There have been some positives - I’ve been focussing a lot on right hand/left hand coordination to eliminate any flams and that seems to be going well enough. The changes themselves are easy enough to negotiate at the suggested tempos.


    Mostly though, this week has given me some insight into what I want to get out of this programme: primarily, I’m looking to seriously improve my technique and chops. I was also toying with the idea of trying to learn Benson picking while doing HRSC, but that seems like biting off more than I can chew. There’s that old saying that you dance with the one who brung ya - well, the picking technique I have and have had for the last 35+ years has brought me this far, so I think I’l stick with it; I really don’t need to be able to play 16th notes at 280 in order to be happy. I certainly want to be able to play faster and cleaner than I currently do, but at 53 years old, with a full-time career outside of music, I have to be realistic about my avocational goals.


    I’ve had this thought that after I’ve finished Week 20 that I’ll go back and start the whole programme again, but this time using arpeggios exclusively. I’ve always been bad at finding appropriate arpeggios on the fly - I can, of course, play most arpeggios at the drop of a hat if I start from the root note, but I’m looking to get to the point where I can link up and connect arpeggios on the fly using whatever chord-tone is closest, regardless of what string I’m on or where I am on the neck. This seems like a very challenging task, but it’s 19 weeks away, so I don’t have to worry about it too much right now. BTW - can anyone recommend any books or exercises for practicing linking and connecting arpeggios? This is a genuine request for help, so any and all advice will be greatly appreciated.


    Here’s a musical observation: in bars 11 and 12 (chords are C+11 and C13, respectively) HR recommends playing out of an F tonal center. Every time I tried doing that, however, it sounded weird and ‘off’ to my ears. Yesterday I made a mistake and accidentally played out of Db and it sounded much better to my ears. I kept doing it for the rest of the practice session and it seems to work. What’s going on with that?

  8. #407
    Quote Originally Posted by Socraticaster
    I’ve finished Week 1 at 60bpm. Oddly, the last couple of days were my worst sounding runs through the changes. Holiday season distraction no doubt had something to do with it, but I think the real culprit was the fact that I was starting to try to make interesting music while negotiating the changes, rather than just trying to ‘play the changes.’
    That's a good sign. It means that you've been playing long enough to develop a way of playing that works, but insulates you from the train wrecks of new things. Well you're on the train and it's going somewhere you haven't built tracks for. Embrace the train wreck! We're all in this together and with this degree of devotion and discipline, we're going to collectively bring each other to places unknown.
    Play the changes, it solidifies the ground you build on.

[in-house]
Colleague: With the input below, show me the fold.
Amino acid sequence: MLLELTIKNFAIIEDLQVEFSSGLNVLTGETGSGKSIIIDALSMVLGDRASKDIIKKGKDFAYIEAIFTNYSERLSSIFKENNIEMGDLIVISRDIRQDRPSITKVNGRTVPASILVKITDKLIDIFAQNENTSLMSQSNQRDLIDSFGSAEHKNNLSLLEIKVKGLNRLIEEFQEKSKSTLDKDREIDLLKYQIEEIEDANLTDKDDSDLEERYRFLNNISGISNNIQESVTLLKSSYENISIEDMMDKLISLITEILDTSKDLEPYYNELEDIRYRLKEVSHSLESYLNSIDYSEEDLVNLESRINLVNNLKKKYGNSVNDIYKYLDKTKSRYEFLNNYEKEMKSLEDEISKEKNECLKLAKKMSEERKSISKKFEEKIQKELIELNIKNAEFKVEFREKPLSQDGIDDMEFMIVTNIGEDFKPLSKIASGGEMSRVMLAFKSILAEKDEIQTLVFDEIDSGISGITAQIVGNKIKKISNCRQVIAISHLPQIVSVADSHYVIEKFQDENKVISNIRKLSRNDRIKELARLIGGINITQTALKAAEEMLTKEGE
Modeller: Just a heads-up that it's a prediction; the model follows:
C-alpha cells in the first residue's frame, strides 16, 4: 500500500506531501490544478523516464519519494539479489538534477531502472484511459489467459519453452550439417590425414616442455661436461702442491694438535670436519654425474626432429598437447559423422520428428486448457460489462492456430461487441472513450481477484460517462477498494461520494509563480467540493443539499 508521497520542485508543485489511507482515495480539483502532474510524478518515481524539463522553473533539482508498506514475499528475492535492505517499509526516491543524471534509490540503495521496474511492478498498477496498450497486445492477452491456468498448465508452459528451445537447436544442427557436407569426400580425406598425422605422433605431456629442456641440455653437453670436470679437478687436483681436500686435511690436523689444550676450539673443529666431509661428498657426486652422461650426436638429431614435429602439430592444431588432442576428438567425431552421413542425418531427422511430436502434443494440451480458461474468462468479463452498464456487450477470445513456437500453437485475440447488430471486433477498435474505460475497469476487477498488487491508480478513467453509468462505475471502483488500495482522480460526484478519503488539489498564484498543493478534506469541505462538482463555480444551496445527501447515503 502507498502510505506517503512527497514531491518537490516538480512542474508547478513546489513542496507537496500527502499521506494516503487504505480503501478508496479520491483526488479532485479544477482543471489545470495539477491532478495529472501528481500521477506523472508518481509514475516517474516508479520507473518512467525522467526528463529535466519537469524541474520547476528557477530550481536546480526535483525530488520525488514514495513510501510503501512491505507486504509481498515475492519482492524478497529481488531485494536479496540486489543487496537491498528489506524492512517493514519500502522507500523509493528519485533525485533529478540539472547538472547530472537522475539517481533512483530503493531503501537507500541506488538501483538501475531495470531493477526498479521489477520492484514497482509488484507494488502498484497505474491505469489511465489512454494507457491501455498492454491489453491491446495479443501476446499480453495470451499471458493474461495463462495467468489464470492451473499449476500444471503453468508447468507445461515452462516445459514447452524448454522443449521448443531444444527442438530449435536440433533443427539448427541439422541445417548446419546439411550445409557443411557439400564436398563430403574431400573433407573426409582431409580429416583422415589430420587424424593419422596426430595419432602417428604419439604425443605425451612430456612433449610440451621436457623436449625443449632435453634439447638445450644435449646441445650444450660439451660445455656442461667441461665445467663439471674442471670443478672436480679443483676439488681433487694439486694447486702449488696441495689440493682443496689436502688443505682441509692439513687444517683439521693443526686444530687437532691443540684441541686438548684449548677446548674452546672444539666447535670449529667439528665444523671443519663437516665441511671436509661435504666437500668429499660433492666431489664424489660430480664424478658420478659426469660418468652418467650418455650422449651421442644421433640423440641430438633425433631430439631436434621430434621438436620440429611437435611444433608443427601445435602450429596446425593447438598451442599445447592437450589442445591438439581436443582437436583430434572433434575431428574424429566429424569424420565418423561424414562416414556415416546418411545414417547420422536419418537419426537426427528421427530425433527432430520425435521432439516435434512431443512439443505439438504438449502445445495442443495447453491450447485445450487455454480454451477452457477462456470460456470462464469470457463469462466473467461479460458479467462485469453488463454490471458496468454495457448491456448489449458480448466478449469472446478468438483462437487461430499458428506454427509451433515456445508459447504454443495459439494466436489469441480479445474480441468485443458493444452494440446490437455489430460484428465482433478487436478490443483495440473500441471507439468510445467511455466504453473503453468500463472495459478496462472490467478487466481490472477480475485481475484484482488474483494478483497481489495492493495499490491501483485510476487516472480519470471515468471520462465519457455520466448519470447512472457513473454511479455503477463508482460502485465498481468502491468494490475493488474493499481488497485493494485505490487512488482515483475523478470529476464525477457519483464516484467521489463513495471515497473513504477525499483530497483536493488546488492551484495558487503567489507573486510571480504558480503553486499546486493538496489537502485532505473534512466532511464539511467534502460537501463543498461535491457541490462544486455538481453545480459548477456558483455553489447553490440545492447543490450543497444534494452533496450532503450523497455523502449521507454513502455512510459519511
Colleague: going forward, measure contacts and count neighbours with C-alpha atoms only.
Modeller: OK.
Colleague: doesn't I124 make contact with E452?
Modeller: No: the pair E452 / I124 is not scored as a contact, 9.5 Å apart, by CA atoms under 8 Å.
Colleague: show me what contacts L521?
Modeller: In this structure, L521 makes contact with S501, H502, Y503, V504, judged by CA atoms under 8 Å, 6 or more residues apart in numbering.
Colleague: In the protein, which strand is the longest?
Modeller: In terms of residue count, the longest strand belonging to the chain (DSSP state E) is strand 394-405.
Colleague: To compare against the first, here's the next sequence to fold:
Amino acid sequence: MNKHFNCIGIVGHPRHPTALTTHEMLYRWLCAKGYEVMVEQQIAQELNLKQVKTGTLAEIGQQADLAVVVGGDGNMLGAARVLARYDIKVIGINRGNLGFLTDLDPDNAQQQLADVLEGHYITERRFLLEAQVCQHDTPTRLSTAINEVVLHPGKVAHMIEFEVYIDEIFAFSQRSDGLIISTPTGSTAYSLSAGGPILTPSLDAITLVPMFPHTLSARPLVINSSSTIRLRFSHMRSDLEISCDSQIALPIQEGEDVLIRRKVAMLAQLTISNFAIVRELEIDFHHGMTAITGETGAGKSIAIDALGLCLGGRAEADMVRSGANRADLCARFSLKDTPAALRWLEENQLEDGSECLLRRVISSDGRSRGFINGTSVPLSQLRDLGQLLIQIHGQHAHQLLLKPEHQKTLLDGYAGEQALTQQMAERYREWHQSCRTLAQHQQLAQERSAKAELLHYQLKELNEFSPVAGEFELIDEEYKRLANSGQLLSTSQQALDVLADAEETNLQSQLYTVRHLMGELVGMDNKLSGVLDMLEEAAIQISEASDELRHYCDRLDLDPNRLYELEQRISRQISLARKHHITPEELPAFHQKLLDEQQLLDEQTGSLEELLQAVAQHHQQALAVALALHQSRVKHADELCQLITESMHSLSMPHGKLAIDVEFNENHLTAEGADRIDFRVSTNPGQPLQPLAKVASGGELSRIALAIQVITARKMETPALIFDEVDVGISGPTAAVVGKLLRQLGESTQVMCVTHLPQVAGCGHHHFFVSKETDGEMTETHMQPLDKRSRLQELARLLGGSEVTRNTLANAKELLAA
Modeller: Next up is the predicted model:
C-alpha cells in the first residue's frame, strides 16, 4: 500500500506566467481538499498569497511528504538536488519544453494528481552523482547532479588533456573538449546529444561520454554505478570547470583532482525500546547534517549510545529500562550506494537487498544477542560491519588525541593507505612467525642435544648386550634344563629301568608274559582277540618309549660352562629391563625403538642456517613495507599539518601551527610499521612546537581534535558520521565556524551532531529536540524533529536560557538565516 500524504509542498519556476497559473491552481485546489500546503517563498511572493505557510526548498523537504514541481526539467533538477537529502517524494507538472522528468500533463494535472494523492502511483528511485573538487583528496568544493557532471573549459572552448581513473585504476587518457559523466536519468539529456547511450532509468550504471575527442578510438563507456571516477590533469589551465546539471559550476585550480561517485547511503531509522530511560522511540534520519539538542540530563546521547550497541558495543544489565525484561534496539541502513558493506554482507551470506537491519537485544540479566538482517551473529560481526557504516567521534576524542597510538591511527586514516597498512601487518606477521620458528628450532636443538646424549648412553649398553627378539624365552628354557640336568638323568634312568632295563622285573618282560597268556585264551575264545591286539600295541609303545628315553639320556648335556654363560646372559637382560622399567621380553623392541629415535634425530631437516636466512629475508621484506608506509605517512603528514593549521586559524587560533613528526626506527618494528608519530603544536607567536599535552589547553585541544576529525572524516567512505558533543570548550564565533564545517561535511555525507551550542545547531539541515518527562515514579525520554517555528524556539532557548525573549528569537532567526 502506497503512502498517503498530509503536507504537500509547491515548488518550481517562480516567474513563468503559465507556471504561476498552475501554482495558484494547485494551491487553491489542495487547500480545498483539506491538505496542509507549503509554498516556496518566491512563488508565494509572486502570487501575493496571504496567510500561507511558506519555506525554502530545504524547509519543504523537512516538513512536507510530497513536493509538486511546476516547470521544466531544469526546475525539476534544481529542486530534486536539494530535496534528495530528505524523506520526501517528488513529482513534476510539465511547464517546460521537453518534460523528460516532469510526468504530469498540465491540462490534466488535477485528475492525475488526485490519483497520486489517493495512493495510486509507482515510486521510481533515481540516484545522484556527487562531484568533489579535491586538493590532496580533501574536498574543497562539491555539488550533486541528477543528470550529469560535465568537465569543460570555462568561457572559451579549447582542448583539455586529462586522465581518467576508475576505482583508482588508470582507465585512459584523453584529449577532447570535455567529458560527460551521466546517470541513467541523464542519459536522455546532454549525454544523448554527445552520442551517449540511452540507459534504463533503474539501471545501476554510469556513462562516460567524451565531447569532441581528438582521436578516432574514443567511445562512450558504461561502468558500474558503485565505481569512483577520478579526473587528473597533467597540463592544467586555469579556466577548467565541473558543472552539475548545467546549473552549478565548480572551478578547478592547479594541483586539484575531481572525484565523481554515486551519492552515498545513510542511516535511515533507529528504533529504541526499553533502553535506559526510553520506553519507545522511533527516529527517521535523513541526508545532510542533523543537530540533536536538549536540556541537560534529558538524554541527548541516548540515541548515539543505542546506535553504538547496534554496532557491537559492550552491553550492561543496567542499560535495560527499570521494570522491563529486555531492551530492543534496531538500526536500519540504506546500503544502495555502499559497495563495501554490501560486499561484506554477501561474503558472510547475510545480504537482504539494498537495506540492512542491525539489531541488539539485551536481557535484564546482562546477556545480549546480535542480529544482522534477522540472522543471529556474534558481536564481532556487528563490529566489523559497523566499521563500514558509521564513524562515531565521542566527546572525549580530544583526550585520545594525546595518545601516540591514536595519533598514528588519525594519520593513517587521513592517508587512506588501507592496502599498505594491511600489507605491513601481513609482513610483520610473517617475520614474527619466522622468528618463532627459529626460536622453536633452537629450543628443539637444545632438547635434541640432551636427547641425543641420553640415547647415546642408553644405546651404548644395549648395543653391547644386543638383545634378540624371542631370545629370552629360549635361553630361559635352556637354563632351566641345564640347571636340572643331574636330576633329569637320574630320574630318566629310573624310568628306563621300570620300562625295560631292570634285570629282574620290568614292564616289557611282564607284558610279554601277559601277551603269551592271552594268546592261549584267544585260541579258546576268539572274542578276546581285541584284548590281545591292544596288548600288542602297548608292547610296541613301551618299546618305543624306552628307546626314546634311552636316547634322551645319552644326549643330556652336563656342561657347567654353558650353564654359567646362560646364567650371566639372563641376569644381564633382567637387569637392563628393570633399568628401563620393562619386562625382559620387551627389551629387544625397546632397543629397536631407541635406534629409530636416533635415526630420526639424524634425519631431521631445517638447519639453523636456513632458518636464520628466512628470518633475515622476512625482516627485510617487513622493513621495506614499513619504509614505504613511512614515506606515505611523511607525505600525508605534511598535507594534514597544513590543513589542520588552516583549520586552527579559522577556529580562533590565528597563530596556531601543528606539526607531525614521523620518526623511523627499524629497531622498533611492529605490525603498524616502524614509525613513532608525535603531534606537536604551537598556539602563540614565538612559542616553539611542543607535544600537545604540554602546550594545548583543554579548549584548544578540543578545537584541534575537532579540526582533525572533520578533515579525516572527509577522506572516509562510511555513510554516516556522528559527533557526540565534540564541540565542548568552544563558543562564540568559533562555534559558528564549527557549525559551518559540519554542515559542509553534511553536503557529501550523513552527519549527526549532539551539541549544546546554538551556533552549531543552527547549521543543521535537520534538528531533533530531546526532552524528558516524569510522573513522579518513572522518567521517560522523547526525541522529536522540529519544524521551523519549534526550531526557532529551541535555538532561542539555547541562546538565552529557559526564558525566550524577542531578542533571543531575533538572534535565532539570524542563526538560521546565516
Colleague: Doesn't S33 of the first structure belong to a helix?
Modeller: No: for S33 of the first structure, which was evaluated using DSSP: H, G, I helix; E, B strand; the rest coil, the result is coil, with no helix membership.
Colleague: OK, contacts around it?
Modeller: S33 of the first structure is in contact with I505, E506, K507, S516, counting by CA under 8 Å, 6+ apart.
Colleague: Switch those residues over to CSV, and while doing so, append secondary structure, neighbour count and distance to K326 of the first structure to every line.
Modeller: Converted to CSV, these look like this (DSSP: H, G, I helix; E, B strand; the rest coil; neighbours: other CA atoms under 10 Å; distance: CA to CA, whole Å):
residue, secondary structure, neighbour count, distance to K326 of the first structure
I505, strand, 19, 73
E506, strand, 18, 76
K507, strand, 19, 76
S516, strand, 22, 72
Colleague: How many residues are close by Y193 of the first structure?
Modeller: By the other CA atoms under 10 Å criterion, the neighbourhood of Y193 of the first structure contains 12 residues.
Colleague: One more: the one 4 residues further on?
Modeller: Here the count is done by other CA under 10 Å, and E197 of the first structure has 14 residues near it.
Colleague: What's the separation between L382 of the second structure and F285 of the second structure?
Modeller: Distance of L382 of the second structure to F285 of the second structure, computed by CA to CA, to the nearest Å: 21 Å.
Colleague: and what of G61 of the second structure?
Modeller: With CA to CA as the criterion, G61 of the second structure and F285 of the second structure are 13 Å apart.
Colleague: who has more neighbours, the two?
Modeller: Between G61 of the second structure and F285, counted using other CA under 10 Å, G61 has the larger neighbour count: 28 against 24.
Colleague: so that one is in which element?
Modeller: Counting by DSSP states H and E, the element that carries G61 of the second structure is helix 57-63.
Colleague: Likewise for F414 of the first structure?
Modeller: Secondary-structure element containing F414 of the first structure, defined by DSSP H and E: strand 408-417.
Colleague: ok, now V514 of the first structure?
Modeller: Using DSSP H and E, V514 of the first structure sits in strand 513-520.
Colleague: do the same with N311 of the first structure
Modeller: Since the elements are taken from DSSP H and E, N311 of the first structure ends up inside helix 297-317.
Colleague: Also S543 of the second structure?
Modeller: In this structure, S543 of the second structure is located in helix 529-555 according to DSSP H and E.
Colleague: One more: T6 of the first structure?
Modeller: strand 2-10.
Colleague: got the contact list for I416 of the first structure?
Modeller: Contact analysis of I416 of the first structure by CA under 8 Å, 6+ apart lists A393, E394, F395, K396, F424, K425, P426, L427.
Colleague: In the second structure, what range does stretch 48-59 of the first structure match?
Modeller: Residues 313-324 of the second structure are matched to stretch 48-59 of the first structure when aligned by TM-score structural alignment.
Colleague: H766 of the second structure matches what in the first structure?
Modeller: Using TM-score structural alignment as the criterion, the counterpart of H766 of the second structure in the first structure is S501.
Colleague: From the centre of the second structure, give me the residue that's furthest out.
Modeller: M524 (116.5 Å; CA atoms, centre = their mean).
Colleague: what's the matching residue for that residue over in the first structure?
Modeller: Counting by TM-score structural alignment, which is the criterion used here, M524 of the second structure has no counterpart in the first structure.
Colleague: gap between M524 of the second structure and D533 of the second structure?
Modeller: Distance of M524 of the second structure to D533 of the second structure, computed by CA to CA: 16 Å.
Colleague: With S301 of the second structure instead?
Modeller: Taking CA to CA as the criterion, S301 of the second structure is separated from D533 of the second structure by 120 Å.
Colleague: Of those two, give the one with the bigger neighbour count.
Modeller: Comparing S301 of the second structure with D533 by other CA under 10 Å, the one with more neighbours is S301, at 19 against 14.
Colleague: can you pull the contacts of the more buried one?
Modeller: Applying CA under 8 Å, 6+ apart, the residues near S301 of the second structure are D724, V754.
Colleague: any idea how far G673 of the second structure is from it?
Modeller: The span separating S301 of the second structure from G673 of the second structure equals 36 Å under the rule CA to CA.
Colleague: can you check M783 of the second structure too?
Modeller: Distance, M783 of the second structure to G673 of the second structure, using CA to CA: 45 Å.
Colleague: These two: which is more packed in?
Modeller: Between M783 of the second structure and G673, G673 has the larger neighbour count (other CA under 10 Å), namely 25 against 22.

Keep goals in mind, they'll keep you moving.
    Go for it and fail miserably, but keep a notebook of all this. You'll want to pat yourself on the back when it's so natural that you don't remember ever not being able to play that way!
    Remember, you have three 10 min segments to play every day. You can have distinct goals for each based on how good you feel previously. That's the interim rest time used wisely.
    It's a function of human nature: the only reason we stop improving is that we find reasons to give up. I believe that.

    Quote Originally Posted by Socraticaster
    Mostly though, this week has given me some insight into what I want to get out of this programme: primarily, I’m looking to seriously improve my technique and chops. I was also toying with the idea of trying to learn Benson picking while doing HRSC, but that seems like biting off more than I can chew.
    Go for it! But have realistic expectations, and we do repeat the program time each day for 6 days. You will be surprised at just how much unexpectedly happens when the wall comes down.

    Quote Originally Posted by Socraticaster
    I’ve had this thought that after I’ve finished Week 20 that I’ll go back and start the whole programme again, but this time using arpeggios exclusively. I’ve always been bad at finding appropriate arpeggios on the fly - I can, of course, play most arpeggios at the drop of a hat if I start from the root note, but I’m looking to get to the point where I can link up and connect arpeggios on the fly using whatever chord-tone is closest, regardless of what string I’m on or where I am on the neck.
    Ha ha, I've already been thinking about what I want to do when I'm where I want to be at week 20. Last time I launched into a year long study of standards, one a week.
    Second run is a great idea. But keep this in mind: The ability to smoothly negotiate arpeggios is only partly in your fingers. Much of it is in developing your ear. We're going to do a lot of that here in the next 18 weeks. You may surprise yourself with a newfound ability meet those goals in this run. It's very possible. I'll try to keep your goal in mind as I address some regular suggestions and exercises.

  9. #408

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    One other thing I've been doing while I go through the three different segments is to focus on playing in different neck locations for each run through. For session 1 I'll pick a 6 fret range and try as hard as I can not to deviate from it. For session 2, I'll pick a different 6 fret range and do the same thing. And the same for session 3.

    The other thing I do is try to stay within 3 string groupings for 8 or so bars before switching to a different set of consecutive strings. I haven't focussed too much on intentional string skipping yet, but that comes next.